A search for ‘South Shields’ moves the map to South Shields, Tyne and Wear. The names of large houses and farms are noted on the map and it is simply a matter of looking in the area highlighted during the research phase. Salmons Hall, noted on the map as Marsden Cottage, is soon located. The current location of this site can now be confirmed using the ‘Change transparency of overlay’ tool.
A six-figure grid reference can also be gained by hovering the cursor over the location and consulting the window in the bottom right hand corner of the map. This grid reference is noted and can be used to find the site in the Home Front Legacy recording app.
Simply input the grid reference into the ‘Gazetteer’ search function.
The Imperial War Museum Collections website features a large number of images showing air raid damage and the sites of anti-aircraft guns. These reveal many sites damaged through air raids, along with the date the raid occurred.
Make sure the images can be shared and re-used under the terms of the IWM Non Commercial Licence.
Creating Your Record
There are a number of important things to remember when recording air raid sites with the Home Front Legacy recording app. Be sure to check out the Home Front Legacy Site Recording Guide. This guide features a series of Youtube ‘toolbox talk’ training videos which will teach you how to use the app, and also demonstrate how to record your site using visual observations and photography.
Location- An accurate Grid reference is essential for any record you create, this is particularly important when recording buildings in a built up area. Ensure that your grid reference is accurate by checking the location of the green pin.
Site Name- If the building you are recording was known by another name include this in the ‘Other Names’ section.
Site Description- Include as much information as possible in your site description. You may also include the history of the building in question or the details of the regiment manning Anti-Aircraft guns. The date of the air raid, the times the bombs fell and damage to the building are also useful pieces of information to include in your record. It is also very important to mention anyone killed or injured during the attack on your site, as this can help preserve the memories of those who suffered as a result of air raids.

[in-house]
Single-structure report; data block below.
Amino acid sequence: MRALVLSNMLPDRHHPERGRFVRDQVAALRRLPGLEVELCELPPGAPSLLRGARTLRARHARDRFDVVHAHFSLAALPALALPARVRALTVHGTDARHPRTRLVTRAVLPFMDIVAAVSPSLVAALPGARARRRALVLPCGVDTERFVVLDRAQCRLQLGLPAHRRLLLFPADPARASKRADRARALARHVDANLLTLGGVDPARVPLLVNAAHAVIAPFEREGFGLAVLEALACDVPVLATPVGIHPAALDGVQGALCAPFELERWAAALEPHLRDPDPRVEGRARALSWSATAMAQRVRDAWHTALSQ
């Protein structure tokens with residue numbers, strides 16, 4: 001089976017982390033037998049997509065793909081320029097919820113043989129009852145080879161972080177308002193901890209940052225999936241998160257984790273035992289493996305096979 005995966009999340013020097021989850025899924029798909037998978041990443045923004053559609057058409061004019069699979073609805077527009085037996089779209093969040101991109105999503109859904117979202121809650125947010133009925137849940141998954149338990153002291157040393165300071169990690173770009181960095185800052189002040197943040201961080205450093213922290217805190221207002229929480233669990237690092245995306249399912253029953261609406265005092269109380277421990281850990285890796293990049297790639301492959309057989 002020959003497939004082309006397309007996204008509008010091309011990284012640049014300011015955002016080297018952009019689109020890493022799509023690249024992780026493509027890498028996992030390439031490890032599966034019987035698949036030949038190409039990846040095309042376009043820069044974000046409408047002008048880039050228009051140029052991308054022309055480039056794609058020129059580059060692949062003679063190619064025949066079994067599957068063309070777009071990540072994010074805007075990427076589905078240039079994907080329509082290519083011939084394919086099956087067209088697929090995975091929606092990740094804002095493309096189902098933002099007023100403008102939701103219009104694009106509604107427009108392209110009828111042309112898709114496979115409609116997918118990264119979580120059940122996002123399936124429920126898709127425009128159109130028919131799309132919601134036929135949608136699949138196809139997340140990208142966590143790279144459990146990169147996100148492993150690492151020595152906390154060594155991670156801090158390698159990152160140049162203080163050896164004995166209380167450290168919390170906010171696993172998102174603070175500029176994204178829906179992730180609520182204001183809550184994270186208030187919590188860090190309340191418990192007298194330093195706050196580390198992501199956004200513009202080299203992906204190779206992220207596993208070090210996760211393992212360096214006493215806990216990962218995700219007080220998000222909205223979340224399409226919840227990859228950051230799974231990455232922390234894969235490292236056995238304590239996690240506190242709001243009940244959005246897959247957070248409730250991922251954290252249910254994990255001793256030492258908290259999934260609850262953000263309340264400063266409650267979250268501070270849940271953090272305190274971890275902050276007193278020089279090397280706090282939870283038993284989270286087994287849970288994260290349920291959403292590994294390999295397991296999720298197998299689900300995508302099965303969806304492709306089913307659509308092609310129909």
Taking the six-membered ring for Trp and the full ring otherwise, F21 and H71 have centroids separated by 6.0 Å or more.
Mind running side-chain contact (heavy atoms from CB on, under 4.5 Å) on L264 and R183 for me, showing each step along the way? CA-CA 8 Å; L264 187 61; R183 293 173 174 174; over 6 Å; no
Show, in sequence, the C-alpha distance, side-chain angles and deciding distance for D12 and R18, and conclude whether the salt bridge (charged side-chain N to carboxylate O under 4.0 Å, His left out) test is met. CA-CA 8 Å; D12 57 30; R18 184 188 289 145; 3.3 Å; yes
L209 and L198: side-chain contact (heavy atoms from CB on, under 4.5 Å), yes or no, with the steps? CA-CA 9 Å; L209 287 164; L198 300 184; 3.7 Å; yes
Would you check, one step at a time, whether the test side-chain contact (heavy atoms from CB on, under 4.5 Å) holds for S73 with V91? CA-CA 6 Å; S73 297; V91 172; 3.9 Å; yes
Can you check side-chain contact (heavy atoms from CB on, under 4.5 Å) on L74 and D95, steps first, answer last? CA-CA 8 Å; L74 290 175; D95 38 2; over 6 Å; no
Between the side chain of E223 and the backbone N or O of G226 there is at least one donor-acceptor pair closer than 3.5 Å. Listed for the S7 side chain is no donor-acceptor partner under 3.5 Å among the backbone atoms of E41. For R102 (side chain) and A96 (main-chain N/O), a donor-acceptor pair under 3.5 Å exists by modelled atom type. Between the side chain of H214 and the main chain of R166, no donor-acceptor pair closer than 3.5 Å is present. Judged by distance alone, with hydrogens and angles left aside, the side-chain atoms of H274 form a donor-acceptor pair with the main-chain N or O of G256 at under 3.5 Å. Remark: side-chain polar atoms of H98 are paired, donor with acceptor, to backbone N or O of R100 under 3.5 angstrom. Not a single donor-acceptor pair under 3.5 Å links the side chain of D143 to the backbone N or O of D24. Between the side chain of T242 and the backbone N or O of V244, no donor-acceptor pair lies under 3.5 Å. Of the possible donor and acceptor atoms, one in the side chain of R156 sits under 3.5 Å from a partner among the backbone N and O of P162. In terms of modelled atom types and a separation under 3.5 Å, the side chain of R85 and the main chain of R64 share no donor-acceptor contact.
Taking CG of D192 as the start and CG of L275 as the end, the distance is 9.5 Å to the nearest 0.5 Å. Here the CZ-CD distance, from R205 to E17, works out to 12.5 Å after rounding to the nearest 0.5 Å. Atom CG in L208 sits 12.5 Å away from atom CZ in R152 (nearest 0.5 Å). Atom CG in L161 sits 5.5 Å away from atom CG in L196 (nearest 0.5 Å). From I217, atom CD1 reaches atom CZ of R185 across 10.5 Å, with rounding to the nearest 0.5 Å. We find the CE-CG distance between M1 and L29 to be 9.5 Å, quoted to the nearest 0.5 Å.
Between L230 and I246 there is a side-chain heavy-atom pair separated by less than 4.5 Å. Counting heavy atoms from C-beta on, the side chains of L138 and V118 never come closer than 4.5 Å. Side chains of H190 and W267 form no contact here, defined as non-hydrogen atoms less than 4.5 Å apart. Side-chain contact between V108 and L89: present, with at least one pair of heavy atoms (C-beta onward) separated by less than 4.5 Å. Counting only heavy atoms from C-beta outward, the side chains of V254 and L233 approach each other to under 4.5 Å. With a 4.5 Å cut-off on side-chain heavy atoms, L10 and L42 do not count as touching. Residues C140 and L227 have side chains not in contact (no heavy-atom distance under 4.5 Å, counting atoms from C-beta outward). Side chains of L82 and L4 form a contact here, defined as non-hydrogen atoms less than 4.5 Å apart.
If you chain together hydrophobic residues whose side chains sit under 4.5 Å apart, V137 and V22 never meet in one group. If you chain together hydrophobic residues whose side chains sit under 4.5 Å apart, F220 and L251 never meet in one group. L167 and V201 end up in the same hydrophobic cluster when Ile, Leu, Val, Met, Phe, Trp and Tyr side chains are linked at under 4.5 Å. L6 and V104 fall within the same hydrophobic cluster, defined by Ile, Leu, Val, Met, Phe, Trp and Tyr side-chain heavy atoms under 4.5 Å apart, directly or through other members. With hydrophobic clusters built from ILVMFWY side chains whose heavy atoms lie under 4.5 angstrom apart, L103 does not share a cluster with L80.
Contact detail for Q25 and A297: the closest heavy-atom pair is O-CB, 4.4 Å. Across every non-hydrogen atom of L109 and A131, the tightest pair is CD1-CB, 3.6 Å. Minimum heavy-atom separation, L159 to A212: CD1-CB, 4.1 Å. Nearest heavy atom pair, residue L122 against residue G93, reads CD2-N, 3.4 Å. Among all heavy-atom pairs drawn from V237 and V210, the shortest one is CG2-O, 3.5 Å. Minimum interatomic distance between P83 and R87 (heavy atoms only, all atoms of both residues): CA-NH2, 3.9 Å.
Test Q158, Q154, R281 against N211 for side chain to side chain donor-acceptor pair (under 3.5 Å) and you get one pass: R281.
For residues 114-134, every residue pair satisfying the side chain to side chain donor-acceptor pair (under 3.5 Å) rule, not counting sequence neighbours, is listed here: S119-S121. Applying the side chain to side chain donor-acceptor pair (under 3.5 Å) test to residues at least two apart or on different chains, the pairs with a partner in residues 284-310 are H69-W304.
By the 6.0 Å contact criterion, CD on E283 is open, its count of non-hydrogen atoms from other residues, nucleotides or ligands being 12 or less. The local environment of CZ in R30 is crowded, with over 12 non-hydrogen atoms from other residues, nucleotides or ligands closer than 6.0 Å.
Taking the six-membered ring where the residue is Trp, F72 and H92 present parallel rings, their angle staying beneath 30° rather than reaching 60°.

Photographs- Photographs of the site can be attached to the record under the ‘Attach Site Files’ section of the app with the option ‘Site Photograph’. Only attach photographs if you have the permission of the Copyright holder.
If attaching images from the Imperial War Museum Collection ensure that the Copyright reference, e.g. © IWM (Q 676), is quoted in the Caption field under ‘Attach Site Files’.
Associated People- Mention the names of anyone injured or killed along with any further information about these people.
Associated Sources- Attach any sources of information you have used or provide links to the summary from the ‘Britain’s First Blitz’ website.
Over To You
You can also explore the recorded ‘Bomb Sites’ further on our ‘Map of Sites’ below (If the Red Pins are not visible press the ‘Search’ button).
You can find out more about Air Raids, Airfields and Anti-Aircraft Gun positions in the Council for British Archaeology’s latest practical handbook: ‘The Home Front in Britain 1914-18- An Archaeological Handbook’
The CBA Practical Handbook ‘The Home Front in Britain 1914-18- An Archaeological Handbook’ features a wealth of information about both coastal and inland defences during the First World War.
Available from Oxbow Books